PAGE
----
This is going to be a bit of a half baked answer but here it is.
The usual picture for light with orbital angular momentum is light in a Laguerre-Gaussian Mode mode with non-zero azimuthal index. This sort of field has phase wrapping azimuthally around the propagation axis.
We suppose without loss of generality that the atom is on the propagation axis of the beam*
As I point out in the linked post and as you emphasize in the question, typically when we think about interactions between atoms and light we work in the dipole approximation meaning we assume the electric field is homogeneous across the whole volume of the atom. In the case of light with angular momentum we can see this is not the case. Consider the simplest Laguerre-Gaussian mode with a non-zero phase wrapping.
If the atom is in the center of this picture we can clearly see that the dipole approximation is NOT satisfied. This is because the phase of light on the right half of the atom is opposite to the on the left side of the atom. This means no matter what we do with, for example, the scaling of the beam, the atom will never be experiencing a homogeneous field. This means the dipole approximation fails.
When the dipole approximation fails all of the "usual" selection rules that you learn in intro classes are thrown out the window and you need to use higher order selection rules.
I don't know enough about all the details of these selections rules but you can see that this pattern could impart angular momentum to the electron around the nucleus.
And that is my answer to your question. Just like how spin angular momentum of light imparts angular momentum to the electron (atomic "internal" angular momentum) orbital angular momentum of light also imparts momentum to the angular momentum of the electron.
Note that you state
it is clear that since atoms are so small (<0.1 nm), they don't really "feel" the OAM of light.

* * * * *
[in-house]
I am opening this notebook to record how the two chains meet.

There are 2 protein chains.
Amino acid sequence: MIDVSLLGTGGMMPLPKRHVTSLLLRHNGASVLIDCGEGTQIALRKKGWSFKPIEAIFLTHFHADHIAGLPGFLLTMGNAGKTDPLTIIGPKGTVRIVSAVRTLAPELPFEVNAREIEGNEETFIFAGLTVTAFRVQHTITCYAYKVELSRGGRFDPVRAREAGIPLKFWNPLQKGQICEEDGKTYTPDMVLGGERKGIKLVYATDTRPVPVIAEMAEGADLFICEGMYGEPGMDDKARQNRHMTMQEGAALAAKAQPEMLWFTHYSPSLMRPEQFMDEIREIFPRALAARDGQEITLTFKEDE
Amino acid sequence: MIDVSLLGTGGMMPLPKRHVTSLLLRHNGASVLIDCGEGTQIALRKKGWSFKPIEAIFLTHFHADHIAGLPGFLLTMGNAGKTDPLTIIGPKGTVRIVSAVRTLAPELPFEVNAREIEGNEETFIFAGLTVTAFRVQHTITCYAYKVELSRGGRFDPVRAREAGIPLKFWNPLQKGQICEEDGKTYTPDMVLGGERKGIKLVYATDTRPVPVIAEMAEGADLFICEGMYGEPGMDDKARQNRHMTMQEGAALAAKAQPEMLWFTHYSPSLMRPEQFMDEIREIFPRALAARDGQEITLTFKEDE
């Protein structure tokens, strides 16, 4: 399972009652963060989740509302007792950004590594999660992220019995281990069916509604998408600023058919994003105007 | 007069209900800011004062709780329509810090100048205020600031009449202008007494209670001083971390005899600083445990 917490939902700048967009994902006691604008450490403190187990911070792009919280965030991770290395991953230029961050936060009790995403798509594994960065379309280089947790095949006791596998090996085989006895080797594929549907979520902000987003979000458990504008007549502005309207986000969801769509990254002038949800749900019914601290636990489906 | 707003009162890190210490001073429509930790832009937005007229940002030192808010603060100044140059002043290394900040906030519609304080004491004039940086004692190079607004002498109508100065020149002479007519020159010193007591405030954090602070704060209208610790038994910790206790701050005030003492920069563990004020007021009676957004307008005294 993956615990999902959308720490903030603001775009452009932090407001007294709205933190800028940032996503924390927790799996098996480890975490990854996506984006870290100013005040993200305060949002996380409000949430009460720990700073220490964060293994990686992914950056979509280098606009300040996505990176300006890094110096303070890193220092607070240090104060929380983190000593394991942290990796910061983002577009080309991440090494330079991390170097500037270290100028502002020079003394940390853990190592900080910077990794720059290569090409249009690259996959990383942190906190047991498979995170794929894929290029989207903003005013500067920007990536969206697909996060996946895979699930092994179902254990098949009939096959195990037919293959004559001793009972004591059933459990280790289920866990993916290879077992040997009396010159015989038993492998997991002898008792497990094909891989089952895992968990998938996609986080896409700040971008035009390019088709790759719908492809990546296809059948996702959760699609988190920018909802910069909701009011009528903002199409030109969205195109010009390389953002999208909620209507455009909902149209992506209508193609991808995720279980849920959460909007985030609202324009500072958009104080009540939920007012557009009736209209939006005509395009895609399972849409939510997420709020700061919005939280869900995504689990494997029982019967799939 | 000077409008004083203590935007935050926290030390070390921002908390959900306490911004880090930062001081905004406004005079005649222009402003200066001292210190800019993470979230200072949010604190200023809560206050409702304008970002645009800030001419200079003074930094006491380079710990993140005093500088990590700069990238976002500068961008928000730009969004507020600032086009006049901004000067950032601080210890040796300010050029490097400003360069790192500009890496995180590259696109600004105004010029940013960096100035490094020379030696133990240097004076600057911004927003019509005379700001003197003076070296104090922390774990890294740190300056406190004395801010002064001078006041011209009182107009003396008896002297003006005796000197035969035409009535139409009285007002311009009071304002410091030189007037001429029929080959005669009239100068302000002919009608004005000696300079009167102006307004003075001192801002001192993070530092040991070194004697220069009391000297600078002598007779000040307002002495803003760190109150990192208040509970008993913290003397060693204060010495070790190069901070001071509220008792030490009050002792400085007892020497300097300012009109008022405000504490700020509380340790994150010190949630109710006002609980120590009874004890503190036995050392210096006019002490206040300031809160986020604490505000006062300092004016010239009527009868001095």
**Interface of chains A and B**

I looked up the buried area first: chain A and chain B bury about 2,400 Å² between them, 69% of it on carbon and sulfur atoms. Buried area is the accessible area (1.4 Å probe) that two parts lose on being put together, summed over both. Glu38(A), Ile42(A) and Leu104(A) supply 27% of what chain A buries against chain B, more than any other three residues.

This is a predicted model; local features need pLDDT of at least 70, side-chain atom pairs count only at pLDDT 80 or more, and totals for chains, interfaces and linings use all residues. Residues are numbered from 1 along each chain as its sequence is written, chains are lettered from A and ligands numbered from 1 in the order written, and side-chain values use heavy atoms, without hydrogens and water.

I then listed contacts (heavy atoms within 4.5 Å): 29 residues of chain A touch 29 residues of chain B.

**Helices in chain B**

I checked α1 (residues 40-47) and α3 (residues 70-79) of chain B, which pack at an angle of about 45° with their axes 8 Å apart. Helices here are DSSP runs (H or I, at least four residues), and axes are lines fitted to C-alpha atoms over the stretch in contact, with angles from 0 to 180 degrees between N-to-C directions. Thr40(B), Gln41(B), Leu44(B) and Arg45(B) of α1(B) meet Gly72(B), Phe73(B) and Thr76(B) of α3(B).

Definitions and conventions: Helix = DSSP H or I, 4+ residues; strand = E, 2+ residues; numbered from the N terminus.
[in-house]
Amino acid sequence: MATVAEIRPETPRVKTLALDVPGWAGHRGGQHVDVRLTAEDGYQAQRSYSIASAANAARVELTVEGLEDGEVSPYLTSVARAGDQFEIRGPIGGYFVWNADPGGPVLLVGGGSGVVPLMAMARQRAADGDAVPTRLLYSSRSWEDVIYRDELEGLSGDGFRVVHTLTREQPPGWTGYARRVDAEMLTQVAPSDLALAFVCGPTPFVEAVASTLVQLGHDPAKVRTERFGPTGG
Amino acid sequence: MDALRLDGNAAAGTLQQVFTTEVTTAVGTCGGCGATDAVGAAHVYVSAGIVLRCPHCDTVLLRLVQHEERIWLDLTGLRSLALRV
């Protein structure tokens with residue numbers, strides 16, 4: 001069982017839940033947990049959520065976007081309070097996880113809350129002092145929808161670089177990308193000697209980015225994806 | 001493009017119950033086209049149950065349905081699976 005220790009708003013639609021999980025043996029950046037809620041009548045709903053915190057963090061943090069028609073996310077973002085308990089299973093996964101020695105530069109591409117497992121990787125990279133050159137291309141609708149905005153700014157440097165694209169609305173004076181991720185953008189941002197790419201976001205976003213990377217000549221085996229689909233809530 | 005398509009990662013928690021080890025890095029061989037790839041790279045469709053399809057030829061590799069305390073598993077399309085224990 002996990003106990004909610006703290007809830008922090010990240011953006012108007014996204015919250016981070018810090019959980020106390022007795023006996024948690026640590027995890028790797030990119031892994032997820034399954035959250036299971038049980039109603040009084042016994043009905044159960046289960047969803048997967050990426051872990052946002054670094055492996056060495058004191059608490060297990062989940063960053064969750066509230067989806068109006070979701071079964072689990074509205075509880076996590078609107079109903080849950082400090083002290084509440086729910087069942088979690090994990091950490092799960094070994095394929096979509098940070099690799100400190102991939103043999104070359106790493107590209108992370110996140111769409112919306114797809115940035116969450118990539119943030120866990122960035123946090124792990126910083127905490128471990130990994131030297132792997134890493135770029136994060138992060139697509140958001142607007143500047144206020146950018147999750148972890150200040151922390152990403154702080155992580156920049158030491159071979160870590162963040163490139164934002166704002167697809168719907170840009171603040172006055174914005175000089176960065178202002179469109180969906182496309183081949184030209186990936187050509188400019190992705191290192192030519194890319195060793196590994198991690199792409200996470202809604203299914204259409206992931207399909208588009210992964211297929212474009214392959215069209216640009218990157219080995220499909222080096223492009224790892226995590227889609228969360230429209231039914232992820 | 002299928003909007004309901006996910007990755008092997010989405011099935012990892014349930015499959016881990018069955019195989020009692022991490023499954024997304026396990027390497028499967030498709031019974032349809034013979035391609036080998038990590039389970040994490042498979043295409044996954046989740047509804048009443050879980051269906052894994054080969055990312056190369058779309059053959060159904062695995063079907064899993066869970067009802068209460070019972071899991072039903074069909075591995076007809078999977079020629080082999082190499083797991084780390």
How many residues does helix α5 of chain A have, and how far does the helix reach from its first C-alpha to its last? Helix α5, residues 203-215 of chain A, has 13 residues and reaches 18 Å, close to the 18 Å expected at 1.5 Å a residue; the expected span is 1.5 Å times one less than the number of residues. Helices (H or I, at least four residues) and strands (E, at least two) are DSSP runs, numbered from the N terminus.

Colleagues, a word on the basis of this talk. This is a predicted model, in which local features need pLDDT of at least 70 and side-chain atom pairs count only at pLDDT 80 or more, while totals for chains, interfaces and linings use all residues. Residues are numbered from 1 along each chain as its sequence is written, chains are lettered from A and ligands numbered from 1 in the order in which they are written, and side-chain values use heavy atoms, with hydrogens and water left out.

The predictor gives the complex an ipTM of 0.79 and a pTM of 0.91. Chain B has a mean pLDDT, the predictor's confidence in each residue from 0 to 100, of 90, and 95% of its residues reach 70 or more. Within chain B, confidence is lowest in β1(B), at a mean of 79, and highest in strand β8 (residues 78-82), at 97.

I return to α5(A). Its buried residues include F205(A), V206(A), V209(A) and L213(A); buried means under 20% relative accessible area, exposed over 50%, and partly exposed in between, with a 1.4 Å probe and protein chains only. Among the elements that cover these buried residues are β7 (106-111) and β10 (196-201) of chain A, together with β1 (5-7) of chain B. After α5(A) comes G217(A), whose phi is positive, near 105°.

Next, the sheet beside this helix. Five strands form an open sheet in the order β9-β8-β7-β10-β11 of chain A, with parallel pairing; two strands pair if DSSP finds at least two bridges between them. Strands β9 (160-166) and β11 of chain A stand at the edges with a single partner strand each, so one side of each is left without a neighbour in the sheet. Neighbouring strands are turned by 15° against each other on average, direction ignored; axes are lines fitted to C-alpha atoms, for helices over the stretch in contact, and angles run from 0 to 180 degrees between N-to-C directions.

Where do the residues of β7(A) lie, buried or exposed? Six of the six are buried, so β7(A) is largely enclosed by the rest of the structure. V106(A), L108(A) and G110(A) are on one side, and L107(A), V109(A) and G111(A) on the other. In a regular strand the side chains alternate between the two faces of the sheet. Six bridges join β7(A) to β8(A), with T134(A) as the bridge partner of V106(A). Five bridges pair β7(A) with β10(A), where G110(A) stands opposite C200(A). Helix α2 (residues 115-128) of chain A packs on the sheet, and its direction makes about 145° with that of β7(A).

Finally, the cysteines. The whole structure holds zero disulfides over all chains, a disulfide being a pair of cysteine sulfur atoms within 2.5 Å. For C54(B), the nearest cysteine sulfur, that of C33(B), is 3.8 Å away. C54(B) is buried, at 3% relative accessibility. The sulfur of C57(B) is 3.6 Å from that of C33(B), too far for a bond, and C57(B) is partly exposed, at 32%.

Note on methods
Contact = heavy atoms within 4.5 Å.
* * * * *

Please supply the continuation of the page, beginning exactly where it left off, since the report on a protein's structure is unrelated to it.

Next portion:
And you drew this conclusion from my answer to the other question. This conclusion is incorrect. It is possible to have optical fields which vary on atomic length scales (Like the one I have shown above). It just requires using tightly focused or very high order optical fields which need to be carefully aligned so that their regions of large gradients are overlapped with the atom. For example, if the Laguerre-Gaussian mode depicted above is made to be a large beam (waist of a few mm for example) and is offset so that the atom is like in the middle of the red part then the field will look homogeneous to the atom. It is only when the atom is at the central vortex that it strongly experiences the field inhomogeneity.
All of that said you may be interested in Spin-orbital-angular-momentum coupled Bose-Einstein condensates. Note that here the light is not coupled to a single atom but rather to a quantum gas of many atoms in the BEC state. In this case the orbital angular momentum of the light is transferred into the orbital angular momentum of the BEC.
*We can always choose a basis for the optical field which is centered on the atom. If beam is displaced from the atom then in this particular basis it will be composed of a large number of high order modes.